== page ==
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History Colorado working to uncover untold stories for African American history collection

"So many stories have been passed over and so many people, they don’t understand the impact African Americans have had in the west," said Dexter Nelson II

COLORADO, USA — Written history can come with gaps. Researchers at History Colorado are working to fill those as they begin to uncover untold stories of historically marginalized communities and figures. 

The Associate Curator of  Black History and Cultural Heritage, Dexter Nelson II joined History Colorado in September 2021 and immediately began looking into Colorado history that may have been passed over.

"There’s a whole unexplored section of African Americans in the west that we’re really hoping to shine a light on," Nelson said. 

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Edwin Hackley is a great example of that, he said. From what he and other researchers have amassed, here's what we now know about Edwin Hackley, according to Nelson:

  • Hackley had a fairly middle-class upbringing and graduated from Michigan Law School in 1880. 
  • By 1883, he was licensed to practice law in Colorado, making him one of the earliest Black lawyers in the state. 
  • He practiced law for 14 years before switching professions and becoming editor of The Statesmen, a Colorado newspaper. The paper is now known as The Denver Star.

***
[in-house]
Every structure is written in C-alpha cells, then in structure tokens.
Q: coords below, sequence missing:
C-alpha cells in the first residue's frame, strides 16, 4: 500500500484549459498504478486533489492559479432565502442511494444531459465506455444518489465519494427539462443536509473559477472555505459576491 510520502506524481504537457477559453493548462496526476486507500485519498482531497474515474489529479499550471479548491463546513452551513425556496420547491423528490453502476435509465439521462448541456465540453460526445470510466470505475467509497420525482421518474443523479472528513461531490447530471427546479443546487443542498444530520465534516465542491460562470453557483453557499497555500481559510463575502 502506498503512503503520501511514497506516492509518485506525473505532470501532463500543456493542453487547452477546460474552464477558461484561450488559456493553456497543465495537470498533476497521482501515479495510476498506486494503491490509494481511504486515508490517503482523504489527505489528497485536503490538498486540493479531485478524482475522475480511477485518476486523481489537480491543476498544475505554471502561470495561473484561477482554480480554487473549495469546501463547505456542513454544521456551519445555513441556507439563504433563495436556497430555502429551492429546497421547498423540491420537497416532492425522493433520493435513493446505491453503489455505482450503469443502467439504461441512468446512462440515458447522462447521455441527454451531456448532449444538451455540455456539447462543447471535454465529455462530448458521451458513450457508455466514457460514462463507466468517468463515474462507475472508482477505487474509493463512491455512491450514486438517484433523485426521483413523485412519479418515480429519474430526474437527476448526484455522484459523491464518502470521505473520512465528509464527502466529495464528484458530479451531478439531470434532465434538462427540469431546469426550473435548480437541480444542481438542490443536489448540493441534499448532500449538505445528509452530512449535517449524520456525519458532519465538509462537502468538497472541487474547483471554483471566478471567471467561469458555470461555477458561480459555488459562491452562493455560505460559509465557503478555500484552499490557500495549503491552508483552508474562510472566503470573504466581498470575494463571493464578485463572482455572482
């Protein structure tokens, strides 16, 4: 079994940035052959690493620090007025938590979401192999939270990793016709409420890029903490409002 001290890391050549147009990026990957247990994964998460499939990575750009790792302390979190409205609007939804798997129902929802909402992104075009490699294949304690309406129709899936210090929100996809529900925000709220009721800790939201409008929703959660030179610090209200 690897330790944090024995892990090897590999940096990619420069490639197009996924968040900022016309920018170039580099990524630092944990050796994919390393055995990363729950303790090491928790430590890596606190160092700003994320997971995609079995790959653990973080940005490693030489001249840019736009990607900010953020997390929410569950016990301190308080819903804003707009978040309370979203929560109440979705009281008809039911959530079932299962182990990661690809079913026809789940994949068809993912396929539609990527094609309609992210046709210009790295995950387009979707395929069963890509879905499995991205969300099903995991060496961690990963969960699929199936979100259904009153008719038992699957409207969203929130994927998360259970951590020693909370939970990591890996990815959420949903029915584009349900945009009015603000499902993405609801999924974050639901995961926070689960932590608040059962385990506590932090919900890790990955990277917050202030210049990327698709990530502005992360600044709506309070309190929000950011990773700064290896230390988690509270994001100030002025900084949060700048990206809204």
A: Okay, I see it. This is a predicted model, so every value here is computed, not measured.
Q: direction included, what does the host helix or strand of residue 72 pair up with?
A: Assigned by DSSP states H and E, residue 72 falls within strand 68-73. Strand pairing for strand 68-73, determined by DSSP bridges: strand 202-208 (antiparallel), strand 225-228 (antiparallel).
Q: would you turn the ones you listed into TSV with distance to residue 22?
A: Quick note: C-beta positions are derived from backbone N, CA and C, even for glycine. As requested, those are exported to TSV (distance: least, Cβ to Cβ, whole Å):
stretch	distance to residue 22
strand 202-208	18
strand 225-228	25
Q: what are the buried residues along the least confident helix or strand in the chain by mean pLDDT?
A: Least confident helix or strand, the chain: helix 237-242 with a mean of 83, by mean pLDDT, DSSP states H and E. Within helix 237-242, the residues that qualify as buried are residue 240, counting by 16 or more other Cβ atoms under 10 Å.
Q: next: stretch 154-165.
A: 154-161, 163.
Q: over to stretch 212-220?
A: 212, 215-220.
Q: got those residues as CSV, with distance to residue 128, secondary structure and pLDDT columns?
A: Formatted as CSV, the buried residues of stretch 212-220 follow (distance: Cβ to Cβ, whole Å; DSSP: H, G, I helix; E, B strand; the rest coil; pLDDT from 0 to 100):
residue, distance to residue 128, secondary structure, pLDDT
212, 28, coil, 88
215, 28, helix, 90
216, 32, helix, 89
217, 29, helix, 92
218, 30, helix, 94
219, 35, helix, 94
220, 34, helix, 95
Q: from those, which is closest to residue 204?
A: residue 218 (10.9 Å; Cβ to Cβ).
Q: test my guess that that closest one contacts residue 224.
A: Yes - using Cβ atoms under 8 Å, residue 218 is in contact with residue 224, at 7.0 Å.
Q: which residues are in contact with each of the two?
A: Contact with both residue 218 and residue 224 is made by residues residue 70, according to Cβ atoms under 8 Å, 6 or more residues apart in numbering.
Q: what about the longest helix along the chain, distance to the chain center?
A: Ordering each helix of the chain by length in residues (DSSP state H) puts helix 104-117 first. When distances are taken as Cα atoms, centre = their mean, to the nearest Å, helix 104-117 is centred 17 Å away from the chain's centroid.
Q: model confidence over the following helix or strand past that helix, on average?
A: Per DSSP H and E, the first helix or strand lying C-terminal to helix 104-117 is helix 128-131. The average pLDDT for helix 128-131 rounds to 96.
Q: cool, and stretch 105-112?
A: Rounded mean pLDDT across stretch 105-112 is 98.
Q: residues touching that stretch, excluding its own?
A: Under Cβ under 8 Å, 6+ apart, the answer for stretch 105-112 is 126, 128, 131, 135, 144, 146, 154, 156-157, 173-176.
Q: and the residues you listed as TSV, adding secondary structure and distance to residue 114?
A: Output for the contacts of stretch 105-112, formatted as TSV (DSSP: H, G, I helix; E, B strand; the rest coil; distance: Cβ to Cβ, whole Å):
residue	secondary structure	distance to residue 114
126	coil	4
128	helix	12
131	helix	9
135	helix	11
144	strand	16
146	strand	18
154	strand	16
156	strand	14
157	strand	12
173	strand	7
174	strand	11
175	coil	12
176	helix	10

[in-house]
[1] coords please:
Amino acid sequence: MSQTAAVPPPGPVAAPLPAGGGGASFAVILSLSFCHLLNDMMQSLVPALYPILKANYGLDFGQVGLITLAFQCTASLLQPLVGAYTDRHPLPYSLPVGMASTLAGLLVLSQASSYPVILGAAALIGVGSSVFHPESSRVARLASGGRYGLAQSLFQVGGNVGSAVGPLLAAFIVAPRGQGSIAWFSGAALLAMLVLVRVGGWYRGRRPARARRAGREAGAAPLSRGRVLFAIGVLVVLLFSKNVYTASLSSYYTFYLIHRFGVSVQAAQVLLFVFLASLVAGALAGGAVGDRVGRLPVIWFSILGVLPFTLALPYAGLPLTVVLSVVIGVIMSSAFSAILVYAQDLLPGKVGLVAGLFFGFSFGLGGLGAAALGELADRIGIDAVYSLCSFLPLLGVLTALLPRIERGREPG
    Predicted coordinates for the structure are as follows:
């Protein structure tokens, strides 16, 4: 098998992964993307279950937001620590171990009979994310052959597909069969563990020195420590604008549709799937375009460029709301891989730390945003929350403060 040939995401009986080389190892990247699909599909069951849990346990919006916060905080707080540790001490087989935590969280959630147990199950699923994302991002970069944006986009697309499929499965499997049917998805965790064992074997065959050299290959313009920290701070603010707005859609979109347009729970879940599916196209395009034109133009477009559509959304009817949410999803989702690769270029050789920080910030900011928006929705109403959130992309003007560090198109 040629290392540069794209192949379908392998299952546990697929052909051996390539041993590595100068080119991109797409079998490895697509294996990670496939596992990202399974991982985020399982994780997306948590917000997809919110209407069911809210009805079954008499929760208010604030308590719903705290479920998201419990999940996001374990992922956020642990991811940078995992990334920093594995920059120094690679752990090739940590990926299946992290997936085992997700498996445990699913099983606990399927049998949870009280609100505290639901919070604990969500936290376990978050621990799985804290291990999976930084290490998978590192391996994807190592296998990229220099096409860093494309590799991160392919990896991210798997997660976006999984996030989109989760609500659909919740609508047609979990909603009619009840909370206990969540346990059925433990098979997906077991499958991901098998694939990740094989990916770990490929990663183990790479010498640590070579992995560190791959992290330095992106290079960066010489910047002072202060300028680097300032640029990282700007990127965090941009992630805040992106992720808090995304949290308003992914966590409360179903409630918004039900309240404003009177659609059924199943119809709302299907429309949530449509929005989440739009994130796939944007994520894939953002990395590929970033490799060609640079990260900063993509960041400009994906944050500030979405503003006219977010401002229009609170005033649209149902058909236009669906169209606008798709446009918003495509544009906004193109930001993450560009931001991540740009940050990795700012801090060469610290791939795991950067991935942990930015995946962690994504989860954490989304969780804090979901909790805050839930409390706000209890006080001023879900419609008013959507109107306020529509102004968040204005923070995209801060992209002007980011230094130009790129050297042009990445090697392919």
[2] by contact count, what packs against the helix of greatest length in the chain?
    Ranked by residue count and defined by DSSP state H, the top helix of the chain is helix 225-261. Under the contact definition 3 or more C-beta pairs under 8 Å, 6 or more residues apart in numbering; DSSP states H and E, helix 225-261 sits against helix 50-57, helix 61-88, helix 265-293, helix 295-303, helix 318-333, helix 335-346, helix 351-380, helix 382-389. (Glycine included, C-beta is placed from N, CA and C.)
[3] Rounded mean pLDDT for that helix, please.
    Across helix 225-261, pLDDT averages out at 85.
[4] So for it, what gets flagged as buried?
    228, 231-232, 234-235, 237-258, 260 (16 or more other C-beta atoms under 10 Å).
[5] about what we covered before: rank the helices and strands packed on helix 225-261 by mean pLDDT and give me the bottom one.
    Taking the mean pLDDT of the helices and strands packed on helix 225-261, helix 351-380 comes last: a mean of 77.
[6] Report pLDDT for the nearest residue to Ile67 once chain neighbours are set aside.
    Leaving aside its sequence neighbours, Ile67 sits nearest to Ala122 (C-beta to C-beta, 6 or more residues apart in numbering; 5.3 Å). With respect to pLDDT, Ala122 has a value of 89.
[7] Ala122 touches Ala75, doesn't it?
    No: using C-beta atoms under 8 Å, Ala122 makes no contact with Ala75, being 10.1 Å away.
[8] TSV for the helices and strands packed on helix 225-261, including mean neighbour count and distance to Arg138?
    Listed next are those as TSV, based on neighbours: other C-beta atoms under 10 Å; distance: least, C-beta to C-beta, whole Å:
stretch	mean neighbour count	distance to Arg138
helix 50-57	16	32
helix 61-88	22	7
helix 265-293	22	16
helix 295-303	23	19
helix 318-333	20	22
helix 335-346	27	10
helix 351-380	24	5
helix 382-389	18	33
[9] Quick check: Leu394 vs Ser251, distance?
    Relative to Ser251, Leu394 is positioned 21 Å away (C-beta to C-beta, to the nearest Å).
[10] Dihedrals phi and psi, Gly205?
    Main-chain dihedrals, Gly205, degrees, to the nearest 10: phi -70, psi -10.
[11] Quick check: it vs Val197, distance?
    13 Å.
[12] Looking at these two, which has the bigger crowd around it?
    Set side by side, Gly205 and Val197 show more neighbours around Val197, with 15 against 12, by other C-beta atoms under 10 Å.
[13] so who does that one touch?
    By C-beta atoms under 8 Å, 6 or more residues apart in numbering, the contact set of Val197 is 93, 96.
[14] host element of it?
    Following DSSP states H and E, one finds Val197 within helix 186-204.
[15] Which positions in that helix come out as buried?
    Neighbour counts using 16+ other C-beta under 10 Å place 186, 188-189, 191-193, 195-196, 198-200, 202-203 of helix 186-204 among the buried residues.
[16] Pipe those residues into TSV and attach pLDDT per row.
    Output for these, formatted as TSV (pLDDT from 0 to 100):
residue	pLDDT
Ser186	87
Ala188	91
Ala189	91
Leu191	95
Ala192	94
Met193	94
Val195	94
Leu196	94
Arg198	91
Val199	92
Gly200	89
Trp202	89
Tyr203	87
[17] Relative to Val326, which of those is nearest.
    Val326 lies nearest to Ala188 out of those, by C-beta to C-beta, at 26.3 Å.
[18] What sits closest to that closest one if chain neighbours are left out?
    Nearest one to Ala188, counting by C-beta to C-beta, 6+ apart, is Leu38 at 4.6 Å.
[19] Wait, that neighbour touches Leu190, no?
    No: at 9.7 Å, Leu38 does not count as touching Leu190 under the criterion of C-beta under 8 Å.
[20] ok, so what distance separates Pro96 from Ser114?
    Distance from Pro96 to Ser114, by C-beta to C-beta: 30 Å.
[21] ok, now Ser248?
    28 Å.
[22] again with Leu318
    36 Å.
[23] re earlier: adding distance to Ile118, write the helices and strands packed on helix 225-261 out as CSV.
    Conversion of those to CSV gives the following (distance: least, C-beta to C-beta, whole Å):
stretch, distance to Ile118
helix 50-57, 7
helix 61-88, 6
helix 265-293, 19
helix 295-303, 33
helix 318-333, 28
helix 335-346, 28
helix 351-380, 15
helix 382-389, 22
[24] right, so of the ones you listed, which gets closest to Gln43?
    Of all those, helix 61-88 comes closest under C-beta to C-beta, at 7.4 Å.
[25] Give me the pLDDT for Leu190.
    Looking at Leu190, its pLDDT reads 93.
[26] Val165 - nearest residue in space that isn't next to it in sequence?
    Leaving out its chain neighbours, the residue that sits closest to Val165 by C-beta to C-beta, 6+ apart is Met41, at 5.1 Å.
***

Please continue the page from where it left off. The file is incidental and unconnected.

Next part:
• Hackley moved to Philadelphia and married Sarah Harrison. 
  • In 1930, Hackley and his wife published a book they titled "The Hackley and Harrison Hotel and Apartment Guide for Colored Motorists", which many see as a precursor to Victor Hugo Green's "Negro Motorist Green-Book" which was first published in 1936.

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Credit: History Colorado
Nelson said this is the closest thing to a photo History Colorado has uncovered of Edwin Hackley.

"We’re really passionate about this story that we recently found and tried to scratch at the surface to see what all is there and what can we connect to Edwin Hackley and his impact here," said Nelson.

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History Colorado is still actively looking for more things to help tell Hackley's story. Individuals who may know more about Hackley or have connections to him are encouraged to contact Nelson at dexter.nelson@state.co.us.

He also invites people to reach out if they have any other stories related to African American history in Colorado that have yet to be told. 

"We’re opening the doors and saying hey, we want to hear from the community, what do you want to see more of and how can we work together to tell these stories." 

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